I’ve never been in the hull of a slave ship
chained and starving, drinking my urine
lying in my excrement.
I’ve never been forced to leave
my homeland, my family, my tribe,
enslaved by those who saw me as subhuman.
I’ve never picked cotton fifteen hours a day
under the whip of overseers who
raped me when the sun went down
and when I was emancipated, hung me from a
lynching tree, torched my home and family
denied my right to vote.
I’ve never moved north for higher ground
to neighborhoods depleted of dollars and hope,
goods and services, red-lined out of moving up.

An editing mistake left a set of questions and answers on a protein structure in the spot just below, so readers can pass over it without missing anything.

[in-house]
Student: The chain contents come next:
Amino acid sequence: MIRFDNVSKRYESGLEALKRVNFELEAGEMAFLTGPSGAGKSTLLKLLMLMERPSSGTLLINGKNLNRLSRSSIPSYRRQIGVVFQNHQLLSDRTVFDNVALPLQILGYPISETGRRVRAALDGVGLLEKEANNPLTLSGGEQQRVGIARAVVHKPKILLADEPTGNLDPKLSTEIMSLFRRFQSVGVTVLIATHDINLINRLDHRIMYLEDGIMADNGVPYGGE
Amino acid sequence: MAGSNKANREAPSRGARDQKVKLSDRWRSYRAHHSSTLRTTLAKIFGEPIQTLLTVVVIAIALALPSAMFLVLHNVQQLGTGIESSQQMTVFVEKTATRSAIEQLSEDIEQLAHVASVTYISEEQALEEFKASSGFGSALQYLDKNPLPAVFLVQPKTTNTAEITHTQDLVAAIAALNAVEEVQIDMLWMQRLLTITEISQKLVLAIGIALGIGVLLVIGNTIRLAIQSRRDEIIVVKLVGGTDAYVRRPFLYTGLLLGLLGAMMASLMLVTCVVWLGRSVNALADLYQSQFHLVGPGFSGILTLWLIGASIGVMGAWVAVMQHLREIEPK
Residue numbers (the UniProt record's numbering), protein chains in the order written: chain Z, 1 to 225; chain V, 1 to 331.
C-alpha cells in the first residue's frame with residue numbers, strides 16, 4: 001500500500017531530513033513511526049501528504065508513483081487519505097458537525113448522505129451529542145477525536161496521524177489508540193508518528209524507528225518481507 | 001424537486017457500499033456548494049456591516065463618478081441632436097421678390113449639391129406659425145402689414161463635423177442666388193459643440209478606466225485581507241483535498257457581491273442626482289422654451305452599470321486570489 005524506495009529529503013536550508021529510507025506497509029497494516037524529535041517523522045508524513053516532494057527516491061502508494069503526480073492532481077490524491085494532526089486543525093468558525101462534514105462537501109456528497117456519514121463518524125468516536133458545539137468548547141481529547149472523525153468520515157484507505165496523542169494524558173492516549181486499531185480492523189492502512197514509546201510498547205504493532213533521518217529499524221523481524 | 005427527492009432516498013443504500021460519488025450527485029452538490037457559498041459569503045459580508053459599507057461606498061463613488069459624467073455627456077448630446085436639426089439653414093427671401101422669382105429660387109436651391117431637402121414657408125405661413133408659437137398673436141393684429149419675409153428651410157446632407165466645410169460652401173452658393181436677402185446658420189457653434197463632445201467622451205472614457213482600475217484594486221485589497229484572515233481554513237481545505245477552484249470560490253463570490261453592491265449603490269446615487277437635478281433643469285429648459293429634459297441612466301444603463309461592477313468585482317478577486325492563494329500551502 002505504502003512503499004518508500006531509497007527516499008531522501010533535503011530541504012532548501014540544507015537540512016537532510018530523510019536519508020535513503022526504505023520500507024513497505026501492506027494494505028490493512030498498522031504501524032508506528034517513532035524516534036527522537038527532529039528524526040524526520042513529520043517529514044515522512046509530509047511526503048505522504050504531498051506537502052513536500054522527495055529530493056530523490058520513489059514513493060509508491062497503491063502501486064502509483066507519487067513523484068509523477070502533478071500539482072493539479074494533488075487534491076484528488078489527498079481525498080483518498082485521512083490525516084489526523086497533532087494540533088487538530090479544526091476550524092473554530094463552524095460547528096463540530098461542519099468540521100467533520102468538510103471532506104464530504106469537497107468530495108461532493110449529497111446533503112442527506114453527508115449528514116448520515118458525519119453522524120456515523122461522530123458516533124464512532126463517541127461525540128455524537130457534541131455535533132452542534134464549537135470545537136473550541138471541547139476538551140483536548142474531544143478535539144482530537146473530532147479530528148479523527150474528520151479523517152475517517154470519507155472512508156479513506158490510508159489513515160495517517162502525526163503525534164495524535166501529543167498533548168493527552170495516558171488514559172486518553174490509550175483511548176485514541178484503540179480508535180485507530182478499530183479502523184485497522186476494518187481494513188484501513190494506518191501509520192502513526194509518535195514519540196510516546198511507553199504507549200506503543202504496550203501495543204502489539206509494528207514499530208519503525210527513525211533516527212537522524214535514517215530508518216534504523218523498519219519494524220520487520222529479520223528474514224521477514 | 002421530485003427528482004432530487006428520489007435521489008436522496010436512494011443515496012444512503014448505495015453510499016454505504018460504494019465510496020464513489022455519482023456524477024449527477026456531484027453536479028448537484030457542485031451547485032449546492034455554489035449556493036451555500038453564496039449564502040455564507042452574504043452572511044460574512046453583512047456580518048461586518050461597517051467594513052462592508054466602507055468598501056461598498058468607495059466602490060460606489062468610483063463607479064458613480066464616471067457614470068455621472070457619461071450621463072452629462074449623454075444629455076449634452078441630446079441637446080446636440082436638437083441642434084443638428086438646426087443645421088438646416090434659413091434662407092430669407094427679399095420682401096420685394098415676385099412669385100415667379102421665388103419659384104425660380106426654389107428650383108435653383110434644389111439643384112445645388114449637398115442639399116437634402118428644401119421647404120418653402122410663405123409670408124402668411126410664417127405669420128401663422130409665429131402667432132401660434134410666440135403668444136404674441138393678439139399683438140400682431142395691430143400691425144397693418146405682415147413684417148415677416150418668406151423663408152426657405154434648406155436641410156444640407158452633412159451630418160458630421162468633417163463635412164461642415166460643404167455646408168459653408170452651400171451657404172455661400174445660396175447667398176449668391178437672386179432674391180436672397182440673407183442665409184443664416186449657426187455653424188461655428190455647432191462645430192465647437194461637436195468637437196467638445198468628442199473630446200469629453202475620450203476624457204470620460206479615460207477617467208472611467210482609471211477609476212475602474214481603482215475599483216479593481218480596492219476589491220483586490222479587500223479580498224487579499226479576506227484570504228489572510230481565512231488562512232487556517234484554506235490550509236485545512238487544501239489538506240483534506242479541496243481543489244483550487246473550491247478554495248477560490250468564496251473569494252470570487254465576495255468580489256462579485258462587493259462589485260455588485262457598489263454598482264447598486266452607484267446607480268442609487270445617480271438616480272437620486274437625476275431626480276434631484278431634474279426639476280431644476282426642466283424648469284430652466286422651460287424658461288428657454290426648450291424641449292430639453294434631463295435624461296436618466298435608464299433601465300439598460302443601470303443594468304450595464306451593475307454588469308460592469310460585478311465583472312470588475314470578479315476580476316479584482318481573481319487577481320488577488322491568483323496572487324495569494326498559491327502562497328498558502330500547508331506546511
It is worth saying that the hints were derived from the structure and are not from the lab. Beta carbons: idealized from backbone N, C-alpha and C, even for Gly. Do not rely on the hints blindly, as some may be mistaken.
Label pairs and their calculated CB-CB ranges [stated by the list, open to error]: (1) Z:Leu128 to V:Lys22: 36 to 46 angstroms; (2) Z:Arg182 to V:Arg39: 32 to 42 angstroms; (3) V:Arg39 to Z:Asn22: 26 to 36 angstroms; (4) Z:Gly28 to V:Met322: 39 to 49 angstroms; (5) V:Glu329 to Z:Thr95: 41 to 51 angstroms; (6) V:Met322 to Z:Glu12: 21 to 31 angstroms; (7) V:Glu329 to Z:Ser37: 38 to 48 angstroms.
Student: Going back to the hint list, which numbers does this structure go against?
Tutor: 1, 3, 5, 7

I’ve never been called nigger, refused a table, watched
my children in their Sunday best internalize the word
while I struck them to teach obedience so they could live.
I’ve never attended sub-par segregated schools
or at college worked harder, scored higher
for less recognition, offered fewer jobs at lower pay.
I’ve never been profiled by police
because they saw a violent criminal
easy to spot, hair-trigger ready.
I’ve never endured my success to the highest office
being questioned, called illegitimate, in a country
that my people love in spite of it’s hatred of my kind.
I’ve never been anywhere
without the cloak
of my white skin.
Unraveling privilege is
© 2019, Ellen Woods